Sleep like a baby (depending on the baby)!
During Nutrifit, our six-week optimum nutrition programme, we dedicate a whole week to learning more about stress and sleep. Both have such a major influence on our health, so itís essential that we get to grips with them. The problem is, that once you understand what happens to your body when you are stressed or sleep-deprived, itís then very easy to get stressed about being stressed. And then if that then stops you sleeping, itís a disaster!
The trick of course, is to view yourself as a work in progress. Usually, taking some small steps for the better helps to put your mind at rest. Youíre addressing it. Things are improving. Life is good!
The one area I do find tricky, though, is helping new parents get more sleep. Itís all very well to recommend seven to eight hoursí sleep a night, consistently. But what if you have a newborn? Or a not-so-newborn that just didnít get the memo?! That whole phrase ďsleeping like a babyĒ, well, it depends on the baby!
At 9 and 11, my kids still make occasional appearances in the middle of the night. At this age, itís much less of a drama. I just throw back the covers and let them in. When they were smaller, they turned into these little tiny sleep assassins, doing gymnastics and radiating an insane amount of body heat. No matter how big the bed, I would end up with a toddler in my armpit, usually upside down with their feet up my nose.
So, while I want you to get a good nightís sleep, letís start with getting the kids to sleep first. All jokes aside, mine are now generally great sleepers and itís made such a difference to daily life. Waking up actually feeling refreshed is amazing!
As a nutritionist, I get asked about sleep a lot. Not because itís the whole picture, but because it can be an important piece of the puzzle. Over the years, both professionally and as a mum, I have found a few things that can make a big difference. Here are my tips:
Avoid sugar before bedtime
Youíll probably know if your child is sugar-sensitive. I have one that remains immune, but one that bounces off the walls when she eats sweet things (or has Red 40, God forbid). If you are offering dessert after dinner or sugary cereals before bed, try rethinking it. On birthdays or special events we often do ďbackwards dinnerĒ where we have the cake (or whatever it is) when they come in from school. Then we just have regular dinner later and thereís enough time for the madness to wear off.
Consider a healthy bedtime snack
ďBut Iím hungry!Ē ... the ultimate bedtime delayer because itís so hard to send a hungry kid to bed, especially if they did eat their dinner. Tip: make it boring or at least not exciting (so they only ask for it if they are genuinely hungry) and choose a complex (slow-releasing) carb or something protein rich. Ideas include oatmeal with vanilla, cinnamon (and maybe a few raisins but skip the honey or maple syrup), wholegrain bread and butter or a slice of ham or turkey.
Watch out for caffeine too
Iím pretty confident youíre not reaching for the Red Bull or whipping up a latte for your toddler. Just remember that dark chocolate contains caffeine too, albeit less than a regular cup of coffee even for a large portion. I gave the girls strawberries with home-made dark chocolate sauce after dinner the other day and they took for ever to settle down. So, if you have dark chocolate as a healthier option at home, just keep the caffeine content in mind. Note that Coke, Sunkist and Cream Soda all contain caffeine, as do some Propel and Vitamin Waters.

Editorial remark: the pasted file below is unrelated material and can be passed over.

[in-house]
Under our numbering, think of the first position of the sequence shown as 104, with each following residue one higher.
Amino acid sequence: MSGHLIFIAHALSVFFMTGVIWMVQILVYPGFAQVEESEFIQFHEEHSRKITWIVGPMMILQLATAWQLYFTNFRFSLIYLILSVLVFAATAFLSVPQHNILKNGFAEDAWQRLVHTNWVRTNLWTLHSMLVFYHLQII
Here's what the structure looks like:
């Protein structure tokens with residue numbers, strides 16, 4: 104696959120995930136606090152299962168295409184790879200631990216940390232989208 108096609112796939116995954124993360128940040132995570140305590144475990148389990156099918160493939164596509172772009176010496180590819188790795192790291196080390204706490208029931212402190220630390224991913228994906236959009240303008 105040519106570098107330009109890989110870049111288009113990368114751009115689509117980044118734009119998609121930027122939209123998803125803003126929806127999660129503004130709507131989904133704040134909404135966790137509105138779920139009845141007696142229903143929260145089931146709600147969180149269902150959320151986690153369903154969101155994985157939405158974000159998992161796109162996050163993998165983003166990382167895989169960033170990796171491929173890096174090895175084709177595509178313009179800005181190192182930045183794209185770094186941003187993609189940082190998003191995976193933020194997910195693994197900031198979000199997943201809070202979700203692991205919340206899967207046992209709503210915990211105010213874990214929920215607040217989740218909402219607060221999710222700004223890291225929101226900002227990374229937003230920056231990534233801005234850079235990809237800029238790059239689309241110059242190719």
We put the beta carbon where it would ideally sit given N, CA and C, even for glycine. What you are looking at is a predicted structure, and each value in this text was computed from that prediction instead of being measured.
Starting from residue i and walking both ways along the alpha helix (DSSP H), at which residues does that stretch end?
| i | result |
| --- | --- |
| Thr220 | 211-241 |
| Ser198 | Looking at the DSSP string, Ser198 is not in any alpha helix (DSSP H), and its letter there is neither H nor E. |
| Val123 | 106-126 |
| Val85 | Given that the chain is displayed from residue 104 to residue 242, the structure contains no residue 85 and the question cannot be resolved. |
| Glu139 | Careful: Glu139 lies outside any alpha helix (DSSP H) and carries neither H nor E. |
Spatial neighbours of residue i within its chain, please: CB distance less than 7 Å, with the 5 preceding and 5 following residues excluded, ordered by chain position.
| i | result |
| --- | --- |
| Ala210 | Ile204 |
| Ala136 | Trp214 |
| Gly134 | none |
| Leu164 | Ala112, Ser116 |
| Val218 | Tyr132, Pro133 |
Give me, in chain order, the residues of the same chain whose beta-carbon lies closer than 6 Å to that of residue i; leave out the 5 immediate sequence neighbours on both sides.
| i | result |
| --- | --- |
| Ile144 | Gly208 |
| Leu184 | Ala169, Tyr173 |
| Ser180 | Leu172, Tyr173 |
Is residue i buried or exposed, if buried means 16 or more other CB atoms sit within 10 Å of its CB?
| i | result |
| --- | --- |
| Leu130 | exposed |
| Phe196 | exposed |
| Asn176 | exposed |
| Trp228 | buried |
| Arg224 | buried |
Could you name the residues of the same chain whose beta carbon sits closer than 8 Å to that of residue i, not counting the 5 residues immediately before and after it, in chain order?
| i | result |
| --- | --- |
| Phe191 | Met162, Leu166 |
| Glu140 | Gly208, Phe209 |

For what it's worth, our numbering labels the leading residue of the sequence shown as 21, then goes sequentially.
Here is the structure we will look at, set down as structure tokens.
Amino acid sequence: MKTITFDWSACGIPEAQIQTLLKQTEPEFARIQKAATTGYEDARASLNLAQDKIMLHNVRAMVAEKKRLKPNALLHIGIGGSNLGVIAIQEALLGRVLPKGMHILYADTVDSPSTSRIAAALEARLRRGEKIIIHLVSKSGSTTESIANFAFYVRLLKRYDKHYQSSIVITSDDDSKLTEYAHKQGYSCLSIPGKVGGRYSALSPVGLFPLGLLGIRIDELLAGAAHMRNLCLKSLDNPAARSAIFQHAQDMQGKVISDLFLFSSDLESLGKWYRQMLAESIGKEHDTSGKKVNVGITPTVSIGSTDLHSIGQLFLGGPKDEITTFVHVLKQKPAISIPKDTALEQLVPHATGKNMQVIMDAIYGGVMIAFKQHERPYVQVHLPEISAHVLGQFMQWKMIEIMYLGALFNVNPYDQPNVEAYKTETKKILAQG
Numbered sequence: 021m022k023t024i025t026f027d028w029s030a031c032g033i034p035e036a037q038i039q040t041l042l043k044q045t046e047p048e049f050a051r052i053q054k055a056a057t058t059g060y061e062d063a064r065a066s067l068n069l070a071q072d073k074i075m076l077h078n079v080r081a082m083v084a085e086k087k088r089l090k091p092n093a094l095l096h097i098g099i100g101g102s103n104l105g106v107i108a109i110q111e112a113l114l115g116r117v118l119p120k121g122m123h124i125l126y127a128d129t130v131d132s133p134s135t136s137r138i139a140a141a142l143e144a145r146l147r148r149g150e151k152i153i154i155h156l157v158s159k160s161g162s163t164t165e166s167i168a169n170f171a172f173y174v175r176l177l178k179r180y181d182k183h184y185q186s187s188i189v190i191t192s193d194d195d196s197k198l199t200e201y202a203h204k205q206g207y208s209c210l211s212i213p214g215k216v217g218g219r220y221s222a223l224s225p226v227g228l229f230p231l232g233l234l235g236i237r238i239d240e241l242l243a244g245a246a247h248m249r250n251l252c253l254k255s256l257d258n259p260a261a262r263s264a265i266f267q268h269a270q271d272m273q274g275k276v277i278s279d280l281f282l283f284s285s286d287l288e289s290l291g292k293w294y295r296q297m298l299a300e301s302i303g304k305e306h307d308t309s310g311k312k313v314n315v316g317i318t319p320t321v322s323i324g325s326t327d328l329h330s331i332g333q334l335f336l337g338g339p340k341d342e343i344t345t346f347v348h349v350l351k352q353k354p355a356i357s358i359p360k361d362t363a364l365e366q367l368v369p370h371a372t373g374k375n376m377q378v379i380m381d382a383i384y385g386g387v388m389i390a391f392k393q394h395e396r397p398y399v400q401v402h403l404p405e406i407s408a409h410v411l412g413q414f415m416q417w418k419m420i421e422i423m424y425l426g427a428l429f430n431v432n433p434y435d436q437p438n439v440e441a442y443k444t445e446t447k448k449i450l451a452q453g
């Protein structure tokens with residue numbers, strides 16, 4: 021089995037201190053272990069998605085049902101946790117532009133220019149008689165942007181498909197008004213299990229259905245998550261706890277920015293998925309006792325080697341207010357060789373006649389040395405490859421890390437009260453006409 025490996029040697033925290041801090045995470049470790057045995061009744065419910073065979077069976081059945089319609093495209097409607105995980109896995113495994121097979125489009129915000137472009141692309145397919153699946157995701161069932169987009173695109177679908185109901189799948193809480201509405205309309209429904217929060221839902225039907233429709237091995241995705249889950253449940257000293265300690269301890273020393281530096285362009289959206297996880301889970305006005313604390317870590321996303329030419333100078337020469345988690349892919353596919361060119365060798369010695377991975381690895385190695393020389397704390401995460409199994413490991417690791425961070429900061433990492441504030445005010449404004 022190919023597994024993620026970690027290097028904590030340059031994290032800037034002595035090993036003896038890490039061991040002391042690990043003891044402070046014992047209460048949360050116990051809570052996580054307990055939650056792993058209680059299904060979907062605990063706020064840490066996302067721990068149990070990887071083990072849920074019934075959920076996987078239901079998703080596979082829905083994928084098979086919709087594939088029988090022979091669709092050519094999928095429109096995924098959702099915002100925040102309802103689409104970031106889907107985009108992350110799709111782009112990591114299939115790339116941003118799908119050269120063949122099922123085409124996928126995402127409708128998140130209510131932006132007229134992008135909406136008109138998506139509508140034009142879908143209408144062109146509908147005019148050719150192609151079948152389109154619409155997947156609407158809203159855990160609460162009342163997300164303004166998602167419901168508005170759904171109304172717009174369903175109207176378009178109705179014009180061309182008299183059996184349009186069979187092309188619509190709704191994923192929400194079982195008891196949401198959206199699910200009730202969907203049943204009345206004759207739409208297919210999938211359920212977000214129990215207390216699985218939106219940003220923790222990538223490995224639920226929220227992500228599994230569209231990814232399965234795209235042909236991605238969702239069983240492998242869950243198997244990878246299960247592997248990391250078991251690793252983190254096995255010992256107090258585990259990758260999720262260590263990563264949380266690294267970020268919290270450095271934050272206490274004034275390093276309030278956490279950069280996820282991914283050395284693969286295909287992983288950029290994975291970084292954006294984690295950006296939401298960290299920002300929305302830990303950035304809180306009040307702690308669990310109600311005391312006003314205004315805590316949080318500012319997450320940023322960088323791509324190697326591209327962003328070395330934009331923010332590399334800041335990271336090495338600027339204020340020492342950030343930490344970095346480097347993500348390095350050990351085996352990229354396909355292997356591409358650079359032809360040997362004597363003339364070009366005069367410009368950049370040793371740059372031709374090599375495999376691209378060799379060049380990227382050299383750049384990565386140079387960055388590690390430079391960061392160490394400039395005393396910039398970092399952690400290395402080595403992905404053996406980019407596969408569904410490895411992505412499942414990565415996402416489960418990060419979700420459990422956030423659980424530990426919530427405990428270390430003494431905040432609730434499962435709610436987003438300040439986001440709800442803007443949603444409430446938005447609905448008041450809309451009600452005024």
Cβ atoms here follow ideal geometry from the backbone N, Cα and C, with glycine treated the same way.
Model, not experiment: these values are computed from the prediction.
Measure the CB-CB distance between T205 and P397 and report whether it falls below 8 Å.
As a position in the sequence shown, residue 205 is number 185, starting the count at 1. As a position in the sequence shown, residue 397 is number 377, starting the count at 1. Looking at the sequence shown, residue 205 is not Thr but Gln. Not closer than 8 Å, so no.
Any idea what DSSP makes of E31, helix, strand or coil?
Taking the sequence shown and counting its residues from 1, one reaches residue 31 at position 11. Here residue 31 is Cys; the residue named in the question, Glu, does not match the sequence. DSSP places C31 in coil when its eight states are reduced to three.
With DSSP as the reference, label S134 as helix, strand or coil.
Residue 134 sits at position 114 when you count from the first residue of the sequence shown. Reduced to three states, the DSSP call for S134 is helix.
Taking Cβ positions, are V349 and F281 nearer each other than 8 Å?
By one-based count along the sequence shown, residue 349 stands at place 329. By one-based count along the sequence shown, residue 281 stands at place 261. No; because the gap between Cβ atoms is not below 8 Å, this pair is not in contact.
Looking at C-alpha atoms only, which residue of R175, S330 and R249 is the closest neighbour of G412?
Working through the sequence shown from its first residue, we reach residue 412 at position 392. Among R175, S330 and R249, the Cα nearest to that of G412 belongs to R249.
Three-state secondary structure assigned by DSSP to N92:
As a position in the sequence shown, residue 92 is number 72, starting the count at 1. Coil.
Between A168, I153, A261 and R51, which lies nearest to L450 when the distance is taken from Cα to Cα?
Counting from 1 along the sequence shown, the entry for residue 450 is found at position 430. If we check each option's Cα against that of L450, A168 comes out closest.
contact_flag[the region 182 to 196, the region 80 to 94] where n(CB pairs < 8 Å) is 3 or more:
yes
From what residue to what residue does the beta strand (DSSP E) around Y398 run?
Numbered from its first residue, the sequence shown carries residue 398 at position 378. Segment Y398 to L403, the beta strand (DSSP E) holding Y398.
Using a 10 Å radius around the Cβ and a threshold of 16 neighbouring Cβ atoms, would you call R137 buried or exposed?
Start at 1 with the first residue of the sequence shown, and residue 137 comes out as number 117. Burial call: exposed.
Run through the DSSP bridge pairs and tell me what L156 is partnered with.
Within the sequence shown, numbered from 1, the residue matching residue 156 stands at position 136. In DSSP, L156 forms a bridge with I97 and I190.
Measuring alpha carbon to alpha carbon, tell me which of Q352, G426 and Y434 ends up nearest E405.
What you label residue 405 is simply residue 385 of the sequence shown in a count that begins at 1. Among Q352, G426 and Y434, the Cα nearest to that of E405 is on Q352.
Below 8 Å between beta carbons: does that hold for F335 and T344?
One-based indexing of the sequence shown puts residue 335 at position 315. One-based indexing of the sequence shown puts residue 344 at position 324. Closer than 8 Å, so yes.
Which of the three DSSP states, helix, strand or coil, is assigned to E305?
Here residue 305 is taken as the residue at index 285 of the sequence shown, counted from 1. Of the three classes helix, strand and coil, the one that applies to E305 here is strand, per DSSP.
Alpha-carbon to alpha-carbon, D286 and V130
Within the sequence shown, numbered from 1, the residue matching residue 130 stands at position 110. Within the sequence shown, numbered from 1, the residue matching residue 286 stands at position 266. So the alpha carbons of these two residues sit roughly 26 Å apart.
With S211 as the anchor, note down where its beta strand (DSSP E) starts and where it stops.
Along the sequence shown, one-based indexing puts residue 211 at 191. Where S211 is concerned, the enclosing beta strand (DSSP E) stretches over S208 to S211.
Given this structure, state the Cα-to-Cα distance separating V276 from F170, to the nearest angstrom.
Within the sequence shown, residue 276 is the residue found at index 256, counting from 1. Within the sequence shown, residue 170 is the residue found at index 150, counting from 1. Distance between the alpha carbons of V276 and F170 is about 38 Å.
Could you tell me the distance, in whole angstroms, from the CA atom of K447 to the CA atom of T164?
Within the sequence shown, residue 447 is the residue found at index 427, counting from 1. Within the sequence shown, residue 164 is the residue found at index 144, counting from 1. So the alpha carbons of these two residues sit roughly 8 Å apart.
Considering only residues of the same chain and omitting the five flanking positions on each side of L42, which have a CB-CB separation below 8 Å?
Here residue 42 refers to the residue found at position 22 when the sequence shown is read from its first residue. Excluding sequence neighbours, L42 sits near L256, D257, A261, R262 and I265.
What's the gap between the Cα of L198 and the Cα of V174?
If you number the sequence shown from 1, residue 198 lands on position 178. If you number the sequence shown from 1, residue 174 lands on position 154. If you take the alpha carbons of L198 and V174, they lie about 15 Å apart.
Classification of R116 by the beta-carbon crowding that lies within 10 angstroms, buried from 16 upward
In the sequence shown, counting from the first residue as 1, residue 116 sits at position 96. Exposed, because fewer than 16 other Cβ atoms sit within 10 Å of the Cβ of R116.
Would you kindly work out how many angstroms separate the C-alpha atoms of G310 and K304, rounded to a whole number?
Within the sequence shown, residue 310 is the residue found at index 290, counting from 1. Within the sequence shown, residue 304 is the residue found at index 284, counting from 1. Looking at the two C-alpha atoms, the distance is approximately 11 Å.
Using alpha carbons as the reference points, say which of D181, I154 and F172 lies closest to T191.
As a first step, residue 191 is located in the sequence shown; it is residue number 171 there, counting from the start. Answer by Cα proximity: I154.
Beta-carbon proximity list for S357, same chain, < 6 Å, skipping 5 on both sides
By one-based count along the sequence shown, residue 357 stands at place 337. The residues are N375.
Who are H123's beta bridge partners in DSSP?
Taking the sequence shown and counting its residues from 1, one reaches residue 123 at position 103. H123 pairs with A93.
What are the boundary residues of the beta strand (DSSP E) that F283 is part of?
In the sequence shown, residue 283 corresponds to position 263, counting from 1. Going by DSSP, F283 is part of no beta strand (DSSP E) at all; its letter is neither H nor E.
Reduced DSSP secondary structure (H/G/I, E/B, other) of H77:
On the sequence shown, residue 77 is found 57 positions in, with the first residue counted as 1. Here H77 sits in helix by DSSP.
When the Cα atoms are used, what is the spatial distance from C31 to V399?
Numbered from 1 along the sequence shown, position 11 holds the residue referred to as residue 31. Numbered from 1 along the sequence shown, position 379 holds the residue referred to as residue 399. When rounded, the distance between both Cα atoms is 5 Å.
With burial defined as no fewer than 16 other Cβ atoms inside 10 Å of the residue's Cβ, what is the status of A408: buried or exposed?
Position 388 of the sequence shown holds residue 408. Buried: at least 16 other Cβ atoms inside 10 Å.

Balance blood sugar through the day
In my experience, kids with better balanced blood sugar, in general, sleep better at night. Try keeping blood sugar on an even keel by avoiding refined/processed carbs and sticking to whole foods that are high in fibre. Where you can, include some natural protein at snack time and with meals, eg add nut butter to apple slices or have hummus with veggie sticks. Serve chicken with pasta or scrambled eggs on wholegrain toast (donít forget the veg)!
Consider food allergies or sensitivities
Many of us think that food reactions are limited to breathing difficulties, digestive issues or a skin rash. However, reactions can also include behavioural and sleep disturbances. If your child has unexplained sleep issues, consider raising the possibility of food sensitivity with their doctor ó especially if the problem occurs in conjunction with slowed thought processing, irritability, agitation, aggressive behaviour, nervousness, anxiety, depression, ADHD or hyperactivity.
Get enough calcium, but enough magnesium too
Weíre all very focused on calcium with good reason ó itís essential for growth and development. But when kids have a high dairy intake ó and especially if they donít like their greens ó they might be low in magnesium, an essential mineral that helps children calm down and sleep well. Dietary sources of magnesium include pumpkin seeds, sunflower seeds, sesame seeds, spinach, quinoa, black beans, broccoli, cashews, oats, tuna and raspberries. Supplementation can be discussed with your paediatrician or a fully qualified nutritionist.
ē Catherine Burns is a qualified nutritional therapist. For more details: www.natural.bm, 236-7511 or Natural Nutrition Bermuda on Facebook
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